Madeline Gudde will work to become a nurse practitioner after high school. “One of the most important things about being a nurse practitioner is that you are able to help other people,” Gudde said. “NHS taught me how important that is. Helping your community and making sure you put others before yourself is one of the most important things you can do, and becoming nurse practitioner will allow me to help people every day.”  


Maddie Doucette, a Junior at Caribou High School, has yet to decide on a future career, but says she definitely plans on attending college. “So far, the NHS has taught me many leadership skills that I believe will be developed by next year. The organization has also taught me about the importance of service, and that helping the community should always be a priority.”  
























Maria Espinosa aspires to attend college after high school, and is currently deciding between Duke University and the University of Notre Dame, after which she plans to attend law school. “Being at the NHS has really helped me develop the leadership skills that I need,” said Espinosa. “It has placed me in a collaborative environment where I have to work to solve problems and organize events with my classmates and fellow members. Being with the organization is really beneficial because it helps you think on your feet and stay organized.”  


Donovan Savage wants to obtain a degree in both business and engineering, which he hopes will assist in his endeavor to become the CEO of his own company. “NHS has taught me the leadership skills necessary to become the CEO of my own company,” said Savage, “and also to aspire to pursue higher education. Through some of the projects we’ve done, it has taught me that ideas do materialize, which is necessary for an engineer who strives to be both innovative and creative.”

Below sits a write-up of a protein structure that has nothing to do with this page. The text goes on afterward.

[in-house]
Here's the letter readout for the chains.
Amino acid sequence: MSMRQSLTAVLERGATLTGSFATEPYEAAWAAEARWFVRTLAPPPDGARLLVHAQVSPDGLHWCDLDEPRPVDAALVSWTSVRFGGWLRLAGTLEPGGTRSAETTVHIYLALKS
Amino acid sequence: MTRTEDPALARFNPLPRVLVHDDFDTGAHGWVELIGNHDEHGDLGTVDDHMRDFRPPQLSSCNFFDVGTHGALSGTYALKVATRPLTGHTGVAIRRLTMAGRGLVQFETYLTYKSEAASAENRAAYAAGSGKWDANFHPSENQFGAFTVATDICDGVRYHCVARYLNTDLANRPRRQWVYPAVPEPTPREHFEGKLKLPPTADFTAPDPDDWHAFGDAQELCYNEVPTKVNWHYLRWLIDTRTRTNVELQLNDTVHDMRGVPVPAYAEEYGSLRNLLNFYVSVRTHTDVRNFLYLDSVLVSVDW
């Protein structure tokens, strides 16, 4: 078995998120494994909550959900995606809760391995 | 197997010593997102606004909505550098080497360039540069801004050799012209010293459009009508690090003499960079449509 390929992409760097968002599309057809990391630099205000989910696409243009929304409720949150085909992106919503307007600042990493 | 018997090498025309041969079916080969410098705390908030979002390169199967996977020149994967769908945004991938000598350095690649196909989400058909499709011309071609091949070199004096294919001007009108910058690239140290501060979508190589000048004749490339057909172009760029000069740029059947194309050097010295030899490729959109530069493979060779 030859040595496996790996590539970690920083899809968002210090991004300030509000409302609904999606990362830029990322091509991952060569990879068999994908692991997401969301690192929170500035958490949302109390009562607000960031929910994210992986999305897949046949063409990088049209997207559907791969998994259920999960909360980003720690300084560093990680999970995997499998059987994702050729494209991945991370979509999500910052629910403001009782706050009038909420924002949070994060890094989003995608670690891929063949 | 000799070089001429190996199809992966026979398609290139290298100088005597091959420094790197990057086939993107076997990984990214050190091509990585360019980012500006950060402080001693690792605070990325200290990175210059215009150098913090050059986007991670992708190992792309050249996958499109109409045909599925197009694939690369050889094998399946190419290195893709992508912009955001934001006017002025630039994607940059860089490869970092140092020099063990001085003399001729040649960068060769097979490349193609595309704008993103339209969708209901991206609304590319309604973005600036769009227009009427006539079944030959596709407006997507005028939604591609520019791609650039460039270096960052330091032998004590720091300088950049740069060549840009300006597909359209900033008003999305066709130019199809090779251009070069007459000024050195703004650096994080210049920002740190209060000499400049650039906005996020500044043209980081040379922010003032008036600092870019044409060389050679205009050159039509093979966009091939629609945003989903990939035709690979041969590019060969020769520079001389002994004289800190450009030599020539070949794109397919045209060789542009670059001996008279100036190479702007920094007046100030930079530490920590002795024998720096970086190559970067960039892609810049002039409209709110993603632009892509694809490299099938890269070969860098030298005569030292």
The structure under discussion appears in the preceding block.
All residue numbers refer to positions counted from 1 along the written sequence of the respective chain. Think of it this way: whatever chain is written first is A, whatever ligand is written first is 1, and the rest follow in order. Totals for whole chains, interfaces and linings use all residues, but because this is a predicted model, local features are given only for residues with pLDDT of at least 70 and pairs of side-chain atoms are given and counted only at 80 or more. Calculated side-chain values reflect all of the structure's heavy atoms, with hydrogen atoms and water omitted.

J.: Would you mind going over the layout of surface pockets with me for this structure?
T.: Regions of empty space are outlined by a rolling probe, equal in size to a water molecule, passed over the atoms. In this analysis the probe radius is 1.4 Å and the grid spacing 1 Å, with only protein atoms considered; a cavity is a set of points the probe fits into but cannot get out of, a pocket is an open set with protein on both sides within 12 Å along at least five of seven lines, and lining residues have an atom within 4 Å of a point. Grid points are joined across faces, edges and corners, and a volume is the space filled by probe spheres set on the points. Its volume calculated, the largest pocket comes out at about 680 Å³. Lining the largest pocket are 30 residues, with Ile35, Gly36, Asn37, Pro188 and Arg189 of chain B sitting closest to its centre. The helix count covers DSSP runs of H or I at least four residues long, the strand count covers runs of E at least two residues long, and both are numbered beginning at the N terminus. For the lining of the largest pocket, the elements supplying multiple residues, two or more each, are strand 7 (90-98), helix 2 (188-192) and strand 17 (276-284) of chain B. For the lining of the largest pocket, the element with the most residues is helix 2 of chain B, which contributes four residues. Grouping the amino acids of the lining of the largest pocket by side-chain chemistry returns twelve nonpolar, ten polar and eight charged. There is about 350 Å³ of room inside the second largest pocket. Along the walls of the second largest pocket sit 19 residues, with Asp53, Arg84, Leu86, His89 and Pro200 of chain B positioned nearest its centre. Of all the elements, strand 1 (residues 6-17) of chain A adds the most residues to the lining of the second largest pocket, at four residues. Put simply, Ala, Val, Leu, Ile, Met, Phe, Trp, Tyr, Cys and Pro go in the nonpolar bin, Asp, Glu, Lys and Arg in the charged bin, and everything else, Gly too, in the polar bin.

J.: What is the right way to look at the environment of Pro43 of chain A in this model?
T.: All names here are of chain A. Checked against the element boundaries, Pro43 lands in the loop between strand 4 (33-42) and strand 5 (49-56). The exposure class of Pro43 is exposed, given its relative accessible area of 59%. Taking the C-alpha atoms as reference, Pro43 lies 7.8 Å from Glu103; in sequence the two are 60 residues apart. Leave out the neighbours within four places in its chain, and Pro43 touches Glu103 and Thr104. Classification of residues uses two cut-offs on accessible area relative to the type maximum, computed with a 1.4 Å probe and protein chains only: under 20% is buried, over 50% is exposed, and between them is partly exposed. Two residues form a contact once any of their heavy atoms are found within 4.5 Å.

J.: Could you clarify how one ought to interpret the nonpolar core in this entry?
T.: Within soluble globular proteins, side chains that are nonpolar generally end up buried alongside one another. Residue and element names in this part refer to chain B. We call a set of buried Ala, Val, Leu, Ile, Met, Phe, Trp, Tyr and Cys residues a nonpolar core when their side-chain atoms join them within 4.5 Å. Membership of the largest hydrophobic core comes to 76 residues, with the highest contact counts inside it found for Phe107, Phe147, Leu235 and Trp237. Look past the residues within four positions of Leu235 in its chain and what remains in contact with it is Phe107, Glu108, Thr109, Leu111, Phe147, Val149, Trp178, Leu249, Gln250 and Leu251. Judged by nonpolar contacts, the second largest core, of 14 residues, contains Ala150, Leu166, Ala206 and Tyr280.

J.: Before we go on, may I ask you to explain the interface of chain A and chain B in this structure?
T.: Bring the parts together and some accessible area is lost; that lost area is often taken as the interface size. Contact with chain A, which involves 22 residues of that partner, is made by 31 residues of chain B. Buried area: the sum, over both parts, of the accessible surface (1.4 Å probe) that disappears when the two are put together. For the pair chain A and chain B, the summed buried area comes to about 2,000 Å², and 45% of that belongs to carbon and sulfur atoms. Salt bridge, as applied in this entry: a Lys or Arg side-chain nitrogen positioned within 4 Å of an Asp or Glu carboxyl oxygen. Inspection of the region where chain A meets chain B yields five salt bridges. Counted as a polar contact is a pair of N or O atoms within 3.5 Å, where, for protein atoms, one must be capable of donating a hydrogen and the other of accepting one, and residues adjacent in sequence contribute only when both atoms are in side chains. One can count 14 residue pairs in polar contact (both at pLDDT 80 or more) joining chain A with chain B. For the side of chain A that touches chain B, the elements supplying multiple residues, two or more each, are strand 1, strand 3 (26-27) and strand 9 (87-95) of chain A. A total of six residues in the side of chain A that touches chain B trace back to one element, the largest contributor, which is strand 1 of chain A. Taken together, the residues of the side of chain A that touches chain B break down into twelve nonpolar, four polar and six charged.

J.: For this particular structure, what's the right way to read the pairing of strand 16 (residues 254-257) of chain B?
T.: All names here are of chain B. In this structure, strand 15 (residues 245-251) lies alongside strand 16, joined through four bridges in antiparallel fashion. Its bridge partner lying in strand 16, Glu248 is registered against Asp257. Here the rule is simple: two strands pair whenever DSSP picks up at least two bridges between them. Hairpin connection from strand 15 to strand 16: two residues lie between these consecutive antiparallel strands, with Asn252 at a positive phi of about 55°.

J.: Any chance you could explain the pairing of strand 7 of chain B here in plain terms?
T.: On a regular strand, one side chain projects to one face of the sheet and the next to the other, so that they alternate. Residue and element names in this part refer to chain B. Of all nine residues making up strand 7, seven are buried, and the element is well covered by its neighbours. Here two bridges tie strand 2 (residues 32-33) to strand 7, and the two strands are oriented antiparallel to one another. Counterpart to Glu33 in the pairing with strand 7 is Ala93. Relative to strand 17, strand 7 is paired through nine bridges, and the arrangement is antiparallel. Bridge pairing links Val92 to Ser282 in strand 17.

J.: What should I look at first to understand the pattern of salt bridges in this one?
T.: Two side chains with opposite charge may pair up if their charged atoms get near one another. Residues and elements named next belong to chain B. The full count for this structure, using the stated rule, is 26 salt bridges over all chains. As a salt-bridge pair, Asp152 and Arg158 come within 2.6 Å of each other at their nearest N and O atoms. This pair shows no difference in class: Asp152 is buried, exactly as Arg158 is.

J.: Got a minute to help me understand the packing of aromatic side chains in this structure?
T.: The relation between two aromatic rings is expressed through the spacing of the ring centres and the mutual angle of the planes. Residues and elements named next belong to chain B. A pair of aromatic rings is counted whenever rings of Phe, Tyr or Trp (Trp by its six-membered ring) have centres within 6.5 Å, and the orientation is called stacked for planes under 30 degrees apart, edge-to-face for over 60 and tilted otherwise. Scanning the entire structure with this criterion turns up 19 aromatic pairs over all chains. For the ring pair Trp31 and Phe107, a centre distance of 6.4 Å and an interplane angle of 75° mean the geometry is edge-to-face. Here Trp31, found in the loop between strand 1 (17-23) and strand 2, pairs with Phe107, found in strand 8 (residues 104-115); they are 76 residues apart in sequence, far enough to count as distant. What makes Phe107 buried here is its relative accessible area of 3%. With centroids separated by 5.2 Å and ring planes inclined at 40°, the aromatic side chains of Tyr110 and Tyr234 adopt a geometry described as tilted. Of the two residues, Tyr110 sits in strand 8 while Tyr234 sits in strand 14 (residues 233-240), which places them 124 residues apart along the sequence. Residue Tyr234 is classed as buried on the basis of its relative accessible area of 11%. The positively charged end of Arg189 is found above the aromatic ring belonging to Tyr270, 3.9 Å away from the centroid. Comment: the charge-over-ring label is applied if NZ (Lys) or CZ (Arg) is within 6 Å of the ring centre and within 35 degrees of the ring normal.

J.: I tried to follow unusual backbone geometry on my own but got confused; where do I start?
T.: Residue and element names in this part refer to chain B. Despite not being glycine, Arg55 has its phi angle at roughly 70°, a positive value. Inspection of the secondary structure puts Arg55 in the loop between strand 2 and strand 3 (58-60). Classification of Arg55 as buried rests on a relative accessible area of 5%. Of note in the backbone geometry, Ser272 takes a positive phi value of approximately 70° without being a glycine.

Ethan Plourde’s current goal is to be an engineer at NASA. “The National Honor Society provides you with leadership roles,” said Plourde. “especially if you’re an officer. It provides you with responsibilities that go beyond your regular schoolwork. When you work with the NHS, you’re actually doing something to help improve the school and surrounding community.”  
























Once Kaitlyn Nadeau completes high school, she plans on following (her) dream of being involved in the medical field. “When you are part of the National Honor Society, you realize that thinking of yourself is not the most important thing you can be doing,” said Nadeau. “Helping others and providing service for others is a necessity, and being in the medical field will help fulfill that goal.”  


2015-16 Limestone NHS Society | Print |
Wednesday, 20 April 2016 08:13
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Contributed photo

Members of the National Honor Society at Limestone Community High School include, from left, front row: Jessica Tucker, vice president; Jackie Peers; and Alyssa Sinclair, president. Back row: Rebecca Dillenbeck, treasurer; Delaney Rossignol; Jared Elliott; and Ashley Woodworth, secretary. Absent from photo is Holly Hancock, adviser.  


Wednesday, 13 April 2016 10:10


Aroostook Republican opens pages to student writers, artists

Newspapers can be found on people’s coffee tables, on store racks and, just as importantly, in the classrooms of most school systems.

In today’s ever-changing technological world, the staff at the Aroostook Republican & News feels that it is important for the younger generation to know more about the newspaper industry and the history that comes with holding a product in your hands, turning the pages, and cutting out photos and articles to hang on their parents’ refrigerators.